While onions are available throughout the country year-round, spring is a special time. That’s when America’s Sweet onions start coming out of the ground, providing consumers with locally grown, fresh, sweet and crunchy onions for the dinner table.
Sweet onions are known for their sweet flavor, so much so that you could eat them like apples. They are usually available for a few months at a time. They have a shorter shelf-life than other onion varieties across the country. With the home quarantines due to the Coronavirus pandemic, eating onions with a nutritious diet can help boost your immunity.
The Texas 1015s kick off the season, coming out first in March. They represent a lasting legacy of sweet onion growth in Texas, home to America’s first sweet onion crops. Texas began growing sweet onions from Bermuda beginning in 1898. Farmers in Vidalia., Ga., began farming those sweet onions in the 1930s.
In June, you can find Walla Walla sweets in Washington, and California Imperials and Sweetie Sweets will be out in July. The season is capped off by Maui Sweets come out of Hawaii and Yensis sweets out of Alaska. All onions’ flavors are influenced heavily by the type of soils in which they are grown. In Alaska, for example, the soil is nurtured by a glacial silt to make its amazing Yensis onions.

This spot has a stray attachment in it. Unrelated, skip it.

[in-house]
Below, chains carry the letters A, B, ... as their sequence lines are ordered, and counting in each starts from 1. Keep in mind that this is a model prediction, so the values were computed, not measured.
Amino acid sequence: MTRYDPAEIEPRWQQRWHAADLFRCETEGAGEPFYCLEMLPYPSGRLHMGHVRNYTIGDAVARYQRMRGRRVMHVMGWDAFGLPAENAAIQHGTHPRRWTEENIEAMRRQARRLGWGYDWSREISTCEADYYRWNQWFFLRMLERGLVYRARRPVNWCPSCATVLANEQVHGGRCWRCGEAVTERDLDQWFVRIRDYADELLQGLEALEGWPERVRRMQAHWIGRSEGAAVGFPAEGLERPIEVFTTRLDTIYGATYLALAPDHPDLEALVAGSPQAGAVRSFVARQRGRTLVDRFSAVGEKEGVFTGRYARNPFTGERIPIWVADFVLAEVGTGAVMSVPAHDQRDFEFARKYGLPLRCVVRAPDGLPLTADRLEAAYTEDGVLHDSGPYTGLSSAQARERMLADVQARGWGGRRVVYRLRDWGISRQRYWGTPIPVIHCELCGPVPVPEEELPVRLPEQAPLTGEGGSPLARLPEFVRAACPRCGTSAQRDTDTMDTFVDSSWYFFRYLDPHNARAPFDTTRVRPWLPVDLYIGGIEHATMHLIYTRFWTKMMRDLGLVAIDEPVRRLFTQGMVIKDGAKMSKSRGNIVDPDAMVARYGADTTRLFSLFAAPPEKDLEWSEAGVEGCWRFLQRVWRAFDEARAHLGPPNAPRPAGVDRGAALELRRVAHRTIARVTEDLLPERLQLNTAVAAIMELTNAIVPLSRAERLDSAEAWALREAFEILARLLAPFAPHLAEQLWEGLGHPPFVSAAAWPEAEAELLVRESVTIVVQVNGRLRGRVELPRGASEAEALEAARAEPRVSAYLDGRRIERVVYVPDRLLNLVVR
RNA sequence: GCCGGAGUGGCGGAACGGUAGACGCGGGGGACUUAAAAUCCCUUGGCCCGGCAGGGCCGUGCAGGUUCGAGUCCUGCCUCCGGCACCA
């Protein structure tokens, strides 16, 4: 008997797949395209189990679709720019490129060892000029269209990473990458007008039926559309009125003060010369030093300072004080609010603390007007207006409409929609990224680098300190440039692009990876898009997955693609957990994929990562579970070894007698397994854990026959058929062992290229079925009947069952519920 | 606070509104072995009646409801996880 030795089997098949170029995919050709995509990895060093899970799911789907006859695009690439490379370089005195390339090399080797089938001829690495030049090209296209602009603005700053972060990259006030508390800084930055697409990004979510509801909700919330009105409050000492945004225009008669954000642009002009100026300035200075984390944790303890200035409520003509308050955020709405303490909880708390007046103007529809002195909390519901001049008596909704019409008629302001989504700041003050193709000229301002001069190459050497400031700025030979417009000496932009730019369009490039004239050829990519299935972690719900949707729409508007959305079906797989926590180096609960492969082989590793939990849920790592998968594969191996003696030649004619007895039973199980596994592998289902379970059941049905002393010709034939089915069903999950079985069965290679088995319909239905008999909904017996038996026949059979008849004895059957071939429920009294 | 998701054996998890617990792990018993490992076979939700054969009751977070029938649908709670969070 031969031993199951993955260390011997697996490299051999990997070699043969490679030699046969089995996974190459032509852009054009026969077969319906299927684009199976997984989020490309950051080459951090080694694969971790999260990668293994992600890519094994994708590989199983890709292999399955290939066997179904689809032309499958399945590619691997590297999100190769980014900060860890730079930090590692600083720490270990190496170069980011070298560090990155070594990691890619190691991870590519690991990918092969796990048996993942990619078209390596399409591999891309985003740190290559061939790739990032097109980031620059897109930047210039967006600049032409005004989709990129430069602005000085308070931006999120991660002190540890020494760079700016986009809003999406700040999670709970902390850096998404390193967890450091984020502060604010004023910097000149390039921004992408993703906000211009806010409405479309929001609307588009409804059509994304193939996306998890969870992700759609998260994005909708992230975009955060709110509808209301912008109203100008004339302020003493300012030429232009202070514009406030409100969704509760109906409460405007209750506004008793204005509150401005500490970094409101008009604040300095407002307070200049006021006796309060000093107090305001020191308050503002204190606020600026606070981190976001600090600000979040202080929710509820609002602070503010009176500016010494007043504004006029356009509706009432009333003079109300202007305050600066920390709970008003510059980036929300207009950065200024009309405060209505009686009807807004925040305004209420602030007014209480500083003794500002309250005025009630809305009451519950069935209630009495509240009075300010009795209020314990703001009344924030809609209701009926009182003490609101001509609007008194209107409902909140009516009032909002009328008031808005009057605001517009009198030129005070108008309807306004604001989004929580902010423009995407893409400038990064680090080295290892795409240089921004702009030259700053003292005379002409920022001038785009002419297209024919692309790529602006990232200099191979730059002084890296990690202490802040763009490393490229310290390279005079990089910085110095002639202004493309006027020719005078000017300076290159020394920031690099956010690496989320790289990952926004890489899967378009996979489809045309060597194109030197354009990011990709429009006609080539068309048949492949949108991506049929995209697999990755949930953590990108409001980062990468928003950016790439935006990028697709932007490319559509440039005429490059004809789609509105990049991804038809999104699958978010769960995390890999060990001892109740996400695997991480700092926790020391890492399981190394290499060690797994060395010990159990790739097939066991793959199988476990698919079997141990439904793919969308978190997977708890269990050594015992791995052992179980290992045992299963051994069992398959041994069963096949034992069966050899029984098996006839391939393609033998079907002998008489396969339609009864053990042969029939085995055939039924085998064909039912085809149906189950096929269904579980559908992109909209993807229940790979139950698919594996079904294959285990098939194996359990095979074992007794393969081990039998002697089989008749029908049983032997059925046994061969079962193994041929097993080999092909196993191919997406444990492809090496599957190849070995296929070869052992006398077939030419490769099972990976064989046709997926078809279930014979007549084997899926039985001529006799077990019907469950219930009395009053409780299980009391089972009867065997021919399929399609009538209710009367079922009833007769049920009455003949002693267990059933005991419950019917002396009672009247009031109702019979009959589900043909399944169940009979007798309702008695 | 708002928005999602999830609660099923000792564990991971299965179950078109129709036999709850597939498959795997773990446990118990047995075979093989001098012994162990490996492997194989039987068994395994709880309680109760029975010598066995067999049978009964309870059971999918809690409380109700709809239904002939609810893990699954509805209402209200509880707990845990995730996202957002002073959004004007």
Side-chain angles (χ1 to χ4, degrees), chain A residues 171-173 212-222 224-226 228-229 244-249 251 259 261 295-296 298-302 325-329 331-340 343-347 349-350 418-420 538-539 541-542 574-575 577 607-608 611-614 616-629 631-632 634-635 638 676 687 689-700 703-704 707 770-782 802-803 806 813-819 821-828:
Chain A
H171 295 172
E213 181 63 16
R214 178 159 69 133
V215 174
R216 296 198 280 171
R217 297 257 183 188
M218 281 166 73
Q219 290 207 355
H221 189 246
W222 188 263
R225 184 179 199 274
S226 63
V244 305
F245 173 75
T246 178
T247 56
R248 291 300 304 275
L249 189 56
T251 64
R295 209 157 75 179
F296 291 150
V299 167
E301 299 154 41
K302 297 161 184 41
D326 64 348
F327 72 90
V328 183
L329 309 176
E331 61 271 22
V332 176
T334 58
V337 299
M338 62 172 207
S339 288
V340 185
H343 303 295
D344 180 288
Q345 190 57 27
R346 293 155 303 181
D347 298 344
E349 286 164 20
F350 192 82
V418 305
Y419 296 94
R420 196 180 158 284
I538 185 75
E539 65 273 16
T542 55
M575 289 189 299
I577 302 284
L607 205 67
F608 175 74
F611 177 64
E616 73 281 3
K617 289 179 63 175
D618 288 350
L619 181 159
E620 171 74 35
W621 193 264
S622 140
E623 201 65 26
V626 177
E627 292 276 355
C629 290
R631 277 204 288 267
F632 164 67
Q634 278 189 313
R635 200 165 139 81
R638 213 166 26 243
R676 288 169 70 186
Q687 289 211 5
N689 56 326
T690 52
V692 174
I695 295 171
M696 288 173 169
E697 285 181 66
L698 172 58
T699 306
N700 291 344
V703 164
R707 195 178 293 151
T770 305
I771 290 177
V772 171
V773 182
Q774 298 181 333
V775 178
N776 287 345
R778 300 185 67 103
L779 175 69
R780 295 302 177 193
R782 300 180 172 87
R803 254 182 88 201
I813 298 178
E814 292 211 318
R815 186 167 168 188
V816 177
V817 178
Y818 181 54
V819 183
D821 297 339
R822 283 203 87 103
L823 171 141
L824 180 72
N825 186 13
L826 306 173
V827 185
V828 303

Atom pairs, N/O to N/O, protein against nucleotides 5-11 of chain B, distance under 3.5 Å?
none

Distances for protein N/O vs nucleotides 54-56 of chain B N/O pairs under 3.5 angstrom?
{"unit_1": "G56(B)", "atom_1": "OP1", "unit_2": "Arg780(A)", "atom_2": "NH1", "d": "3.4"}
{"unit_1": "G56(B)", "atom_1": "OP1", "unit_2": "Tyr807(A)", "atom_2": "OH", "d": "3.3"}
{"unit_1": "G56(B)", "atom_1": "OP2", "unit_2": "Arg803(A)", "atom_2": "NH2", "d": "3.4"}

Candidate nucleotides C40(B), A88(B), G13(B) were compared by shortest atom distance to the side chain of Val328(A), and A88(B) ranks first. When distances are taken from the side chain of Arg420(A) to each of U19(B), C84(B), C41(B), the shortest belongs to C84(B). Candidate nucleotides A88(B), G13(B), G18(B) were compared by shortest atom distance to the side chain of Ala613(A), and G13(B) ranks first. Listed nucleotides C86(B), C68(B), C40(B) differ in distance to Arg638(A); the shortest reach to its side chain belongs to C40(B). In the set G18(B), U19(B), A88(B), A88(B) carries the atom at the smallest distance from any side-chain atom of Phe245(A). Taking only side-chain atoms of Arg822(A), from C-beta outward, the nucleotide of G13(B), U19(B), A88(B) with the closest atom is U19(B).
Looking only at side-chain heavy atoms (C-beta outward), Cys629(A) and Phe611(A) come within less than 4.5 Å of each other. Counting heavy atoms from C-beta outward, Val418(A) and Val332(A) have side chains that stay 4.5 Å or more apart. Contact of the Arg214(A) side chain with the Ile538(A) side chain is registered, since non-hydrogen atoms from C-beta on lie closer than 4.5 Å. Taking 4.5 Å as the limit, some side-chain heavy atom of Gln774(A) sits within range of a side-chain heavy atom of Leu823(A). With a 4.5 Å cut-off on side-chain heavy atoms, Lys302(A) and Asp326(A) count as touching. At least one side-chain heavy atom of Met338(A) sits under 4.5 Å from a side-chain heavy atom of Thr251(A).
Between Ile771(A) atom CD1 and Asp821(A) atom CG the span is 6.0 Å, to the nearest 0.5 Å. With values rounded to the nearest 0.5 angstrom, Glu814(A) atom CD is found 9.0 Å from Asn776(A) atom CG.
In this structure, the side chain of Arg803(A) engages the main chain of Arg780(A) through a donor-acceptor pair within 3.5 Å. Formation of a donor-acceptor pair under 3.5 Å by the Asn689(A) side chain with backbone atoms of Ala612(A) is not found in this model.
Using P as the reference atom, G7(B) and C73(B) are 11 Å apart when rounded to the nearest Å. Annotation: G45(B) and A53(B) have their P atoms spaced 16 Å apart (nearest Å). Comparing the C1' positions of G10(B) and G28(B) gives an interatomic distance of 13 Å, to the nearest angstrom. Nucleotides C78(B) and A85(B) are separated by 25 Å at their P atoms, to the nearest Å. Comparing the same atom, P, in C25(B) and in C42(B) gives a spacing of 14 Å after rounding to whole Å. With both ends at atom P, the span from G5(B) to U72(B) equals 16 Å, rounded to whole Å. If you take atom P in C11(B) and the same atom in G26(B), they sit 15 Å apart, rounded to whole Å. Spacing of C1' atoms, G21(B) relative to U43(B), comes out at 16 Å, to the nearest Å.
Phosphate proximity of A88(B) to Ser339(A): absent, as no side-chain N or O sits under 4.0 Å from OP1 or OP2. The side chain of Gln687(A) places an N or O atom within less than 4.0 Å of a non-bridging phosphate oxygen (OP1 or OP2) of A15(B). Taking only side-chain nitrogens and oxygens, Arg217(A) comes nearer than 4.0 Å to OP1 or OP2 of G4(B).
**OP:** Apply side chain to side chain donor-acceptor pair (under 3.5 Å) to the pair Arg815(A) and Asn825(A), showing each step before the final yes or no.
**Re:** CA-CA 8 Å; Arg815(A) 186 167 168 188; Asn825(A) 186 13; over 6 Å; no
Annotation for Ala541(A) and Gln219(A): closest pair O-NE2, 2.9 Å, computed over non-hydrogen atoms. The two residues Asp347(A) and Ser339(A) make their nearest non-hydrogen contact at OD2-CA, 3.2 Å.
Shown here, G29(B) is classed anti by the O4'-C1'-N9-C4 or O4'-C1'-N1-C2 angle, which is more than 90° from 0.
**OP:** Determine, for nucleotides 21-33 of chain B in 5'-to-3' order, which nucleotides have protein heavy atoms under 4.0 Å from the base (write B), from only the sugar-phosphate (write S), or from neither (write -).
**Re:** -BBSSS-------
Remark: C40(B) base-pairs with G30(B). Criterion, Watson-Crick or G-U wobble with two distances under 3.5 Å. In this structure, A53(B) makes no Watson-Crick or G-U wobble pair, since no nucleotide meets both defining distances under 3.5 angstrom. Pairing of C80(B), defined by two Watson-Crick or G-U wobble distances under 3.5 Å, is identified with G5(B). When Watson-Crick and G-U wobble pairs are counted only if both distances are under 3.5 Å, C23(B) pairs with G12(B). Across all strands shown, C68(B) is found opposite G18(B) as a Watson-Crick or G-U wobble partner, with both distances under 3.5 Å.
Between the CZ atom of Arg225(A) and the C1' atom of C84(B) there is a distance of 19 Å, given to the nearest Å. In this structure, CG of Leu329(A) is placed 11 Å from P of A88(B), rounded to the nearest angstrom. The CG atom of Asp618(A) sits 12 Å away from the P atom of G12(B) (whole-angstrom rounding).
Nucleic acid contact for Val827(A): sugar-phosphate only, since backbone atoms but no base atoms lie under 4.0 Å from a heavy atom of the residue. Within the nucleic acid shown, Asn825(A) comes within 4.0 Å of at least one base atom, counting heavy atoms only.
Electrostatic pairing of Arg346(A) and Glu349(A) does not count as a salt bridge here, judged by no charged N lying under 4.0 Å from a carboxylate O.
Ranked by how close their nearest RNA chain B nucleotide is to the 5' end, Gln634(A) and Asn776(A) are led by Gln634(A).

Onions are one of the oldest vegetables across the globe and represent an approximate $8 billion marketplace in America. They contain 11 vitamins and minerals and are naturally fat, cholesterol and sodium free. They have been shown to help reduce cardiovascular disease, combat some cancers and diabetes, and they boost your immunity. Those many skills are why the National Onion Association calls it “Nature’s Ninja.” For more on Natures’ Ninja, go to www.onions-usa.org.